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Owning a business is not for everyone. It involves taking risks, defining strategies, and dedicating countless unpaid hours. When the business is family-owned, it becomes even more complex. In addition to the challenges of entrepreneurship, there are the complexities of having a sibling as a partner or a parent as a boss.


Being able to separate the family sphere from the business sphere to achieve business success is key. Taking the company to a more professional level and carefully selecting skilled employees are absolutely vital moves.


However, that alone is not enough. In this way, families must ask themselves, especially looking towards future generations: Why do we want to participate in the family business? What is the purpose of staying together?


Dr. Victor Frankl, Austrian psychiatrist and Holocaust survivor, in his book "Man's Search for Meaning," mentions that what truly motivates people is the search for meaning in life.


People are intrinsically motivated when they find purpose and meaning in their actions.


Family enterprises must seek a sense of purpose to stay together so that the difficulties that arise, which indeed will arise, can be overcome with a common goal in mind, a goal that is shared by its members and allows them to fulfil themselves as a family in business. For some families, it is to continue the family legacy, for others, philanthropy, generating wealth for family members, among countless other purposes. Each family must find theirs and then build a future aimed at that purpose.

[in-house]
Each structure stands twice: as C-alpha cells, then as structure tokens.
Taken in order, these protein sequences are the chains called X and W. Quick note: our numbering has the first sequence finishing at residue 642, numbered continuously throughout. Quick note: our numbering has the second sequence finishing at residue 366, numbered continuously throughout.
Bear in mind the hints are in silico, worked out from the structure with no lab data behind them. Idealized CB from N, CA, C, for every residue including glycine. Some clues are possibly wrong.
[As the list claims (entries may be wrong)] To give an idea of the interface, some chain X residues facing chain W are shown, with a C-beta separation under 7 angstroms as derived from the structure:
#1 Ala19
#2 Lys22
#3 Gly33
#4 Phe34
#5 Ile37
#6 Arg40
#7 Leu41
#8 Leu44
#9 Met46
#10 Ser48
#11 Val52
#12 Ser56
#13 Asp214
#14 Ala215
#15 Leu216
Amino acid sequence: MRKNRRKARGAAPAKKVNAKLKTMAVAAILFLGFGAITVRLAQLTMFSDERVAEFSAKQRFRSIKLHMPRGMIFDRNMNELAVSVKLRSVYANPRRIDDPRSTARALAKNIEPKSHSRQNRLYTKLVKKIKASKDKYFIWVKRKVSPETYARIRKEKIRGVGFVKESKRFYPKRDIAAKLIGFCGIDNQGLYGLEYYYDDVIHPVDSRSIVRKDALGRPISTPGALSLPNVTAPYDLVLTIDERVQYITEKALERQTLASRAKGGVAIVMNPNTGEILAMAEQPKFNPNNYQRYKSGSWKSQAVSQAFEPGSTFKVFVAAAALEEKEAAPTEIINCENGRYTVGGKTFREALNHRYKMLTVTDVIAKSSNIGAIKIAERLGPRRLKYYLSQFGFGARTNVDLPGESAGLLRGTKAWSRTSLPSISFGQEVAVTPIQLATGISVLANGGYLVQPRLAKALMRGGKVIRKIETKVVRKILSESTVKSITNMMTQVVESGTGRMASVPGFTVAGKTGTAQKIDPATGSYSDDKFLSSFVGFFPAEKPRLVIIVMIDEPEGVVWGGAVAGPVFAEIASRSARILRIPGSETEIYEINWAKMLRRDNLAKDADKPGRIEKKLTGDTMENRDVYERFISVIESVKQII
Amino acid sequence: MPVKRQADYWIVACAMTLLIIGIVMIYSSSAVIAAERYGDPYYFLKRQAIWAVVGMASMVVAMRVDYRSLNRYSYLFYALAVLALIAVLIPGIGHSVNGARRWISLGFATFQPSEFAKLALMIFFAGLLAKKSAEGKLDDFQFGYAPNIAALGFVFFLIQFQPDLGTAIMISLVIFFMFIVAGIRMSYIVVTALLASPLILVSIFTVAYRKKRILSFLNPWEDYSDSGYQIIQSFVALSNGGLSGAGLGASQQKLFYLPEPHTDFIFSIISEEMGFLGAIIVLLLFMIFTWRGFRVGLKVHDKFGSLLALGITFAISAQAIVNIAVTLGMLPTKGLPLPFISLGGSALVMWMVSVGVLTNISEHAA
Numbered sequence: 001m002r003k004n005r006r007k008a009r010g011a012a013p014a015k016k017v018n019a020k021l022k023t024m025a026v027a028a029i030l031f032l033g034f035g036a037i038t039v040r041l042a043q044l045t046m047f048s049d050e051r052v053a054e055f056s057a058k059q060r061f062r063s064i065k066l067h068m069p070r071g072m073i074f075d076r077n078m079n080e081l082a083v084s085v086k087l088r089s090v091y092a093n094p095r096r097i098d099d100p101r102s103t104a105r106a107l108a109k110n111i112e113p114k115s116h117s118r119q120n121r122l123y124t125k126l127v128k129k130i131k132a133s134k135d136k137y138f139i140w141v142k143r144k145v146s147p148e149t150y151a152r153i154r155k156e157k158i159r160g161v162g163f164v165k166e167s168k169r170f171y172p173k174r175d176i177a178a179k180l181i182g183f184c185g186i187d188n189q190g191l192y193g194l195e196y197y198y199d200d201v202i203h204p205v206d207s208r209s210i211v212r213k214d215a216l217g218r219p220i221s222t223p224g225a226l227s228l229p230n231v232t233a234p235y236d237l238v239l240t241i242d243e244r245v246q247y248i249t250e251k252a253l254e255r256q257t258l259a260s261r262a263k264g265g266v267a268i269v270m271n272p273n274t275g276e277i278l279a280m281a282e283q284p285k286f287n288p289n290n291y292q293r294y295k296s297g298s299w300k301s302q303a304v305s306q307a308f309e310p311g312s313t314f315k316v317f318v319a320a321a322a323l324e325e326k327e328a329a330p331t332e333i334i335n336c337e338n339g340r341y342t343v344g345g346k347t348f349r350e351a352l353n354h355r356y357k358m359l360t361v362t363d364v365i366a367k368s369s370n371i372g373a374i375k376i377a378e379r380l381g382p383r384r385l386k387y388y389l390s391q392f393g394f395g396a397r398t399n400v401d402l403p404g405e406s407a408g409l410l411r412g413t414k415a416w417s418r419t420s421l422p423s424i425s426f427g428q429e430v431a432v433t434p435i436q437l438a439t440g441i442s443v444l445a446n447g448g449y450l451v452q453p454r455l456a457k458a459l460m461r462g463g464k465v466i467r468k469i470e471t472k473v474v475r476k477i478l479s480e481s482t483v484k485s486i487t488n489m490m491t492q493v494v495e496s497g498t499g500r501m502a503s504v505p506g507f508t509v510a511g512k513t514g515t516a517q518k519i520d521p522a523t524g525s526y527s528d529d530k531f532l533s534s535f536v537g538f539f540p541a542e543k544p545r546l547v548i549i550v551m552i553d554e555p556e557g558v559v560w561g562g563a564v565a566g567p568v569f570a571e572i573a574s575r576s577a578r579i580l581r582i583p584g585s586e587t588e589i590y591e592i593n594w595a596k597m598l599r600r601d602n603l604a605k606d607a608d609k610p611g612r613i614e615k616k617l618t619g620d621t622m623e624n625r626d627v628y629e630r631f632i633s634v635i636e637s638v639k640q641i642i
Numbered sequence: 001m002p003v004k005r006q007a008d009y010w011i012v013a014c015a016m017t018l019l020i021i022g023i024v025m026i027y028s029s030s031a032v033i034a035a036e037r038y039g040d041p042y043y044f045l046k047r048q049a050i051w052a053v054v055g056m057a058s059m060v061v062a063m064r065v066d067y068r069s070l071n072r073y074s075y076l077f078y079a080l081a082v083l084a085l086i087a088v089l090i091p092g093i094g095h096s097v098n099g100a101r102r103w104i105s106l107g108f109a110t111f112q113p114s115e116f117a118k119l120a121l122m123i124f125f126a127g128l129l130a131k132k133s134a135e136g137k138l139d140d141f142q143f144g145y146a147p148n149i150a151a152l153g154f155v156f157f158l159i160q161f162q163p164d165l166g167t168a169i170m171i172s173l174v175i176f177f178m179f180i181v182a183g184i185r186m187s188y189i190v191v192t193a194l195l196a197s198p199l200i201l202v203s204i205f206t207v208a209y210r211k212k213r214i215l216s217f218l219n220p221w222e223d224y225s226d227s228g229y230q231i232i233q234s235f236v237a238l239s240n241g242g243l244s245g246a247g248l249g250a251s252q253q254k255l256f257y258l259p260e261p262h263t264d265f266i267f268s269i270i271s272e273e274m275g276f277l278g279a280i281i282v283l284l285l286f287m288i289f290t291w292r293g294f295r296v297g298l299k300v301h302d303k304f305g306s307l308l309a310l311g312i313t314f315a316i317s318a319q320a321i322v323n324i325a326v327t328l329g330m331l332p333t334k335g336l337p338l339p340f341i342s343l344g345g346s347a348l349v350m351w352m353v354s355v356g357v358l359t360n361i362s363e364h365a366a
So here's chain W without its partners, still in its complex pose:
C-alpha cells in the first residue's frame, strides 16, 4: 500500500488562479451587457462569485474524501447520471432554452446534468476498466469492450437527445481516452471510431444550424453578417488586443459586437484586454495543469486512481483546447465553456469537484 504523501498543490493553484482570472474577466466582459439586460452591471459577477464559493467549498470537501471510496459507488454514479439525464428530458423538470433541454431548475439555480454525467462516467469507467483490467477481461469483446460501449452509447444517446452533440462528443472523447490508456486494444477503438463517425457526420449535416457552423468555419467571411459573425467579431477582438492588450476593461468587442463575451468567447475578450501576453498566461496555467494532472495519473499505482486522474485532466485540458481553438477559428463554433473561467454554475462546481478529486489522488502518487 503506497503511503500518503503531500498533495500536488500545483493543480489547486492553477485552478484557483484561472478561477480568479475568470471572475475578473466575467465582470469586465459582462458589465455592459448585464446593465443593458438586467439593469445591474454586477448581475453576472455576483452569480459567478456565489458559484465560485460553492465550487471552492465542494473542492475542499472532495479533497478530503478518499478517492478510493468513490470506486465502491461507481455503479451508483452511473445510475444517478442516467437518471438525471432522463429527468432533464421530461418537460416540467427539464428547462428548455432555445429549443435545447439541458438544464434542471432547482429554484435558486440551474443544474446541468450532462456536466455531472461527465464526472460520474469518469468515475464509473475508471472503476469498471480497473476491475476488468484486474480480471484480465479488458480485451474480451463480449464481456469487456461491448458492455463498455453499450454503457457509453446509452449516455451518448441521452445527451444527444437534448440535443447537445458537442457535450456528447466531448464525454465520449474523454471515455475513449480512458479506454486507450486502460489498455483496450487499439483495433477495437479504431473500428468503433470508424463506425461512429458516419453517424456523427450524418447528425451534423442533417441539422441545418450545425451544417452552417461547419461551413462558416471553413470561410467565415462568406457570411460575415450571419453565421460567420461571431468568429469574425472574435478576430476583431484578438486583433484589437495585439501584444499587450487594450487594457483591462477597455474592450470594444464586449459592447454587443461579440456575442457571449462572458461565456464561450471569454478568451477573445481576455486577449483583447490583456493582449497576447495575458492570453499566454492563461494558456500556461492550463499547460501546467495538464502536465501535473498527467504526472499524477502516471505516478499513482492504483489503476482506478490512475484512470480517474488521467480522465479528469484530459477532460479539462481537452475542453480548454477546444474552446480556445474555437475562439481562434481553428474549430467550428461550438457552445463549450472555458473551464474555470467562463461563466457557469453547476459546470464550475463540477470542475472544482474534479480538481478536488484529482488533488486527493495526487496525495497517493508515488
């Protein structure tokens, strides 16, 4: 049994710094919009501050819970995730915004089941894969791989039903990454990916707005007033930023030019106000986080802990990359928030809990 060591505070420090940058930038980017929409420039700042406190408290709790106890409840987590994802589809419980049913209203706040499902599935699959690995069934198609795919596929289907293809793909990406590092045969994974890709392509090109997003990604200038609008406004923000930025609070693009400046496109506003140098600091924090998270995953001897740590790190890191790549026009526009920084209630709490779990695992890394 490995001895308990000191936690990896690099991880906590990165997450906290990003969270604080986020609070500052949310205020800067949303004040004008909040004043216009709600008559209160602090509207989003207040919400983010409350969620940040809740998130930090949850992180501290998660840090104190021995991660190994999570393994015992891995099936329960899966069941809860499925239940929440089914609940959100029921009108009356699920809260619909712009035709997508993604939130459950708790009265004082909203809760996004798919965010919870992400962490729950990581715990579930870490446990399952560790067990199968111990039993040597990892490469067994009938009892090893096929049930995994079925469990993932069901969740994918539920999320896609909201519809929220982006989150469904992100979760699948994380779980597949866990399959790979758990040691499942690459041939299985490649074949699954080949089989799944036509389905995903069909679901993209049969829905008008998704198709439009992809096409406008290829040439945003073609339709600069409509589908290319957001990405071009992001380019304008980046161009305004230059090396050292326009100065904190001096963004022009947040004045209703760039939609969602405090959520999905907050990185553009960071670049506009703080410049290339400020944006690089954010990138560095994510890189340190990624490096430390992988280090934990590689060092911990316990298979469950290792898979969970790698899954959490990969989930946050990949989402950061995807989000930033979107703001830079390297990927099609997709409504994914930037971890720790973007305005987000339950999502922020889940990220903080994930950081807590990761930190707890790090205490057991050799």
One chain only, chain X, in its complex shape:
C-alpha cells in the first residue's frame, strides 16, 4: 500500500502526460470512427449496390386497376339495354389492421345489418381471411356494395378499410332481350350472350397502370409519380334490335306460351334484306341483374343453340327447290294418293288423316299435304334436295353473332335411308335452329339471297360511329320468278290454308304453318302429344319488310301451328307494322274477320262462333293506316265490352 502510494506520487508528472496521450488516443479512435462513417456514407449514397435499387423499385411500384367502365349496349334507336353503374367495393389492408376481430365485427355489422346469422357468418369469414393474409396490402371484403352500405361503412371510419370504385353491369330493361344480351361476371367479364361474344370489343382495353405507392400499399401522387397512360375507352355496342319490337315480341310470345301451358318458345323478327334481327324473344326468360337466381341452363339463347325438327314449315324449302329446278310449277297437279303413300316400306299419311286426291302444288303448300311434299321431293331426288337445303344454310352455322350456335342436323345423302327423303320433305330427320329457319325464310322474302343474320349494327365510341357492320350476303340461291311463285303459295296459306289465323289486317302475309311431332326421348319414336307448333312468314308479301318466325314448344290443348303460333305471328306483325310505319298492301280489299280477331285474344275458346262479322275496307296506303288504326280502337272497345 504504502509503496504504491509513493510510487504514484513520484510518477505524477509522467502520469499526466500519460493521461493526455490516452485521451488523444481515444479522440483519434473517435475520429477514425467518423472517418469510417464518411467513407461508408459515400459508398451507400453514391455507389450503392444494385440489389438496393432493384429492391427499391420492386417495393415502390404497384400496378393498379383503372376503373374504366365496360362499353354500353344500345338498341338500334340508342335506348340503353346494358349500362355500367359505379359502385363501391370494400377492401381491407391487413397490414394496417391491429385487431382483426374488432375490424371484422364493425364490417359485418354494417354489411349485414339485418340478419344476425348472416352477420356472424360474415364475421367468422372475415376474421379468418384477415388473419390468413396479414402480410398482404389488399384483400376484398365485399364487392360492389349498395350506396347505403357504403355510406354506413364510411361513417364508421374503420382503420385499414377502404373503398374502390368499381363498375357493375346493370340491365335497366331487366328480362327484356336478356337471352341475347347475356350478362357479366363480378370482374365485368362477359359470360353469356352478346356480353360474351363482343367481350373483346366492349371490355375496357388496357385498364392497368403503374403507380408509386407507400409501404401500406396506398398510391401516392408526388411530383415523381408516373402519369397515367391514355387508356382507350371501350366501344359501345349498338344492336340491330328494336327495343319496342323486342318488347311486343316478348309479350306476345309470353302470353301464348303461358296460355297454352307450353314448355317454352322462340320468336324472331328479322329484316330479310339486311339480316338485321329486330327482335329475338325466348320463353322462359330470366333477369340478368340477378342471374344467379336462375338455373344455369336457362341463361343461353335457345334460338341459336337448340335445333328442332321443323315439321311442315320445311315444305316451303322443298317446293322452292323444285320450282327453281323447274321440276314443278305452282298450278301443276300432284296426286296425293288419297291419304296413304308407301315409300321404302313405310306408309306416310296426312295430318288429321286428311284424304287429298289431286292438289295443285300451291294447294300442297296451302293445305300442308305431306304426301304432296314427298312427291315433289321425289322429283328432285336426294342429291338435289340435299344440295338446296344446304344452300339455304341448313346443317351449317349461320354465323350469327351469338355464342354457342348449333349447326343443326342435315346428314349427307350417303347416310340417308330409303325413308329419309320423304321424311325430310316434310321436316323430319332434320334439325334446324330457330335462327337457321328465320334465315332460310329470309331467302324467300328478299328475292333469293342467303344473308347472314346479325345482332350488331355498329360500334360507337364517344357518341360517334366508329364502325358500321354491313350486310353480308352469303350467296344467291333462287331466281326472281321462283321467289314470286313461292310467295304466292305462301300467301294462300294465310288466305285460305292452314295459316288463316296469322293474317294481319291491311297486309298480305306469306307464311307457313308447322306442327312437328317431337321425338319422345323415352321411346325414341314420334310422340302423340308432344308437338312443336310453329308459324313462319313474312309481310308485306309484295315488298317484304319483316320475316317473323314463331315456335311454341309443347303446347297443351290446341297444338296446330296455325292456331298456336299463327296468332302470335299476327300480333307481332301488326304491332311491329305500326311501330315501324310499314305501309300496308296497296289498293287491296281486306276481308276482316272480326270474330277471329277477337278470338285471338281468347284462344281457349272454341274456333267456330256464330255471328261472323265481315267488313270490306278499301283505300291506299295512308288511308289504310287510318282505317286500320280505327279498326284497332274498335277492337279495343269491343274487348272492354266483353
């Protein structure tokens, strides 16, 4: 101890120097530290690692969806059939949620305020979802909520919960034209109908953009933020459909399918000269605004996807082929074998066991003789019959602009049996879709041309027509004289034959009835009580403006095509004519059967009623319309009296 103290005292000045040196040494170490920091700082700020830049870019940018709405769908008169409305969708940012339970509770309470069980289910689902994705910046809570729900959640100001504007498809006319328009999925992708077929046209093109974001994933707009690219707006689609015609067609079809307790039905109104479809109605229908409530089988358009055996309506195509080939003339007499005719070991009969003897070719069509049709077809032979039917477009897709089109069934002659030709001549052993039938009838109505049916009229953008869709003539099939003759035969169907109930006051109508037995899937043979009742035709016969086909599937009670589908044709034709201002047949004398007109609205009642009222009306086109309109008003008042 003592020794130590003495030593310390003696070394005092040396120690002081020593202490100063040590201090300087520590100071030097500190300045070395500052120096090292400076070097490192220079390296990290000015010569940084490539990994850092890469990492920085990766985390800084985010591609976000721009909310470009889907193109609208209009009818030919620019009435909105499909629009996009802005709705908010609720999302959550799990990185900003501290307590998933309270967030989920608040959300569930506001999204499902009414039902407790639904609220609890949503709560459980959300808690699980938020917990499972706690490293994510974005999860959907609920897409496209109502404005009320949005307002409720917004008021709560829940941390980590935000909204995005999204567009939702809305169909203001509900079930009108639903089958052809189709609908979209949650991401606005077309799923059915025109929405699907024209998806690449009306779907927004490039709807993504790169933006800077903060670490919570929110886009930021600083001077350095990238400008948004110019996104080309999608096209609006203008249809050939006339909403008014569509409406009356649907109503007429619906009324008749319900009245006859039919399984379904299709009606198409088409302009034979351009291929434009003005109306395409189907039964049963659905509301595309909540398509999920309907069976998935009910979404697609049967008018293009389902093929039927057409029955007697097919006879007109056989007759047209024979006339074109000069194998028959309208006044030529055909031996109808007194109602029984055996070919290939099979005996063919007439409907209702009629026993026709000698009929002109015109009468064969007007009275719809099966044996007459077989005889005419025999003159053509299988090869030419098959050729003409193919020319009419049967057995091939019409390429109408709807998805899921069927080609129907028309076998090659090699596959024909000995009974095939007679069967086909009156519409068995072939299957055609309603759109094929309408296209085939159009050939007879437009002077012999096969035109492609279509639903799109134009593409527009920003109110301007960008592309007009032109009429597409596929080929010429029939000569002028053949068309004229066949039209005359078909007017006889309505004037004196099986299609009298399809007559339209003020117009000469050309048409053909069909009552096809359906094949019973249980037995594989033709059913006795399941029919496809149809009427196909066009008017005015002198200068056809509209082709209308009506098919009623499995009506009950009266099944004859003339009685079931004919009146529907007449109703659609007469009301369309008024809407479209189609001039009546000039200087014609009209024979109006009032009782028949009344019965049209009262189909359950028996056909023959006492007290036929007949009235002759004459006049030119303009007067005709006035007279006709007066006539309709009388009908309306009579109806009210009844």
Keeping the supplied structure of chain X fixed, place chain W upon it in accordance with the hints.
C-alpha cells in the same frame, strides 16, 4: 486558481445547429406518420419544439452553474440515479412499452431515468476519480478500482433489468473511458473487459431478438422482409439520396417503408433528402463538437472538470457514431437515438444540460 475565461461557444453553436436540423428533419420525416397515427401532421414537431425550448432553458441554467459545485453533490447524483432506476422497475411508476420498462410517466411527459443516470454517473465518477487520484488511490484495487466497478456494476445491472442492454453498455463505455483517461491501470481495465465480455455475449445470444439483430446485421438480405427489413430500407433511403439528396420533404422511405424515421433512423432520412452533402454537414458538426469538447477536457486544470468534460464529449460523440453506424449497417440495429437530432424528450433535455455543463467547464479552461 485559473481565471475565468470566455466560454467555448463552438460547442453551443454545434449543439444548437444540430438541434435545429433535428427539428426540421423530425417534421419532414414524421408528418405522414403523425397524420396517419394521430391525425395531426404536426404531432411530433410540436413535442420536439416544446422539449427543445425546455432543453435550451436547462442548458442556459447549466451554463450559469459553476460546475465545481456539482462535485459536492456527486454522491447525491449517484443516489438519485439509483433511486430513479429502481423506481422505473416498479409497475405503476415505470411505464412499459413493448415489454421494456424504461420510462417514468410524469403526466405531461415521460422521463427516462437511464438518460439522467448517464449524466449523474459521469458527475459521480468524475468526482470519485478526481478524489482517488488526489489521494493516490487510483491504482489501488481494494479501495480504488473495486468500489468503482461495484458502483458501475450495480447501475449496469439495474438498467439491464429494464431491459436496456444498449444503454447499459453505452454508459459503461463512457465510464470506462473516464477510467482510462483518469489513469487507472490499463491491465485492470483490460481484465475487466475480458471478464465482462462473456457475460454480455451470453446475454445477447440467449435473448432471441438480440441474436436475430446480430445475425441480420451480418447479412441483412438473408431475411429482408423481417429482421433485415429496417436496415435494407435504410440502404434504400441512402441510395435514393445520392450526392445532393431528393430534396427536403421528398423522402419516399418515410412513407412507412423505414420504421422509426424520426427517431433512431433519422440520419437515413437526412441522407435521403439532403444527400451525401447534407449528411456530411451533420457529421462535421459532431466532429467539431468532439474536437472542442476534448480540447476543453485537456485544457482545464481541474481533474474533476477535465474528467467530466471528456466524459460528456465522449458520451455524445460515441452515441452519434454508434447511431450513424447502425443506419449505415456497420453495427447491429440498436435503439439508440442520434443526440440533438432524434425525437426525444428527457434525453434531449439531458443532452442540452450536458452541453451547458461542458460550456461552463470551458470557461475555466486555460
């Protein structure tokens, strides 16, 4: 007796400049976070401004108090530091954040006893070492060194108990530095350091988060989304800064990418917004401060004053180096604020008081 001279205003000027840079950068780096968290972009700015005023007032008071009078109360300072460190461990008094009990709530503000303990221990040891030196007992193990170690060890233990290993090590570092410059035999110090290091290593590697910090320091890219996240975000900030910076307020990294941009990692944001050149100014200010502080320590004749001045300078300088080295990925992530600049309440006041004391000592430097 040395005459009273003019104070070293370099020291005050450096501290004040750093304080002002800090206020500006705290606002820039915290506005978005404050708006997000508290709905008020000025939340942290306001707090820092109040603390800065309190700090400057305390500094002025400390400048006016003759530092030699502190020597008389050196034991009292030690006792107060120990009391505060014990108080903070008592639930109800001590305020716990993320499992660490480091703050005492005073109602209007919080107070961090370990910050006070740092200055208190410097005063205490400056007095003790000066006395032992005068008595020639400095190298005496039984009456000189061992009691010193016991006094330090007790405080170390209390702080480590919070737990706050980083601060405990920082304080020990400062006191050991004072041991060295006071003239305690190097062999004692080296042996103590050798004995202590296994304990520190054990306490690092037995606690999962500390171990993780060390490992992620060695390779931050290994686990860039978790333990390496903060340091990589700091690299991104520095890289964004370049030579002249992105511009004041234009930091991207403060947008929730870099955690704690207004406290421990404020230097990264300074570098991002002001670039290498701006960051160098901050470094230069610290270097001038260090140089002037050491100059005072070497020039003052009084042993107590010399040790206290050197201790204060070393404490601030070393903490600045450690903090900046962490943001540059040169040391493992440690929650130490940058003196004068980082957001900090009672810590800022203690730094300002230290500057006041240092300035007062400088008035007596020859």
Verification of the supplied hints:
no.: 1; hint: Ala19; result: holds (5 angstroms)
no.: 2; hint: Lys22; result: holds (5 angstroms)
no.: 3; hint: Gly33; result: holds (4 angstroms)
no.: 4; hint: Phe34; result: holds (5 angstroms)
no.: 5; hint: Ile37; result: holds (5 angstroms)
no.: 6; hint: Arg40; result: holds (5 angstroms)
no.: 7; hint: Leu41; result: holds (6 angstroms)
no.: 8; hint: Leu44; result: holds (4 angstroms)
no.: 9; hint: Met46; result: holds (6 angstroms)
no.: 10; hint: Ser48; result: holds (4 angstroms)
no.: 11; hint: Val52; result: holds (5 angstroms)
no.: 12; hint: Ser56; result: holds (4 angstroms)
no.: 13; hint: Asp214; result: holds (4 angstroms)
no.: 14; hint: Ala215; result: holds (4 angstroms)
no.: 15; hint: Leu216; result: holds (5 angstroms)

But how do we achieve this?


The first step is to create opportunities for dialogue. Establish safe spaces where the family can pause to reflect on how they got there, what challenges they overcame, and what values emerge from those 'family stories' can be a great start to search for the meaning.


Families that take the time to think and then BUILD a purpose, where all the family members are involved, where the next generation can envision a future, are more likely to achieve the enduring legacy of the family heritage.


And above all, as Frankl also discusses in his work, it is about freedom. We must help families work towards freedom.


As long as all members are free to choose their future and express their interests, they can build a family project that is feasible and respectful of the family and its members.

About the Author - Jacqueline Schwartz CFBC, TEP is a Family Business Consultant, helping families manage the unique complexities that arise when business is blended with family dynamics. This involves working with the family to learn about their own characteristics and create an environment conducive to long-term business success while preserving family harmony and cohesion.


Knowing and implementing business best practices in areas such as corporate governance, succession planning, next-generation leadership, and change management, helps families ensure that the family business is operating effectively and can continue its legacy. Find out more here

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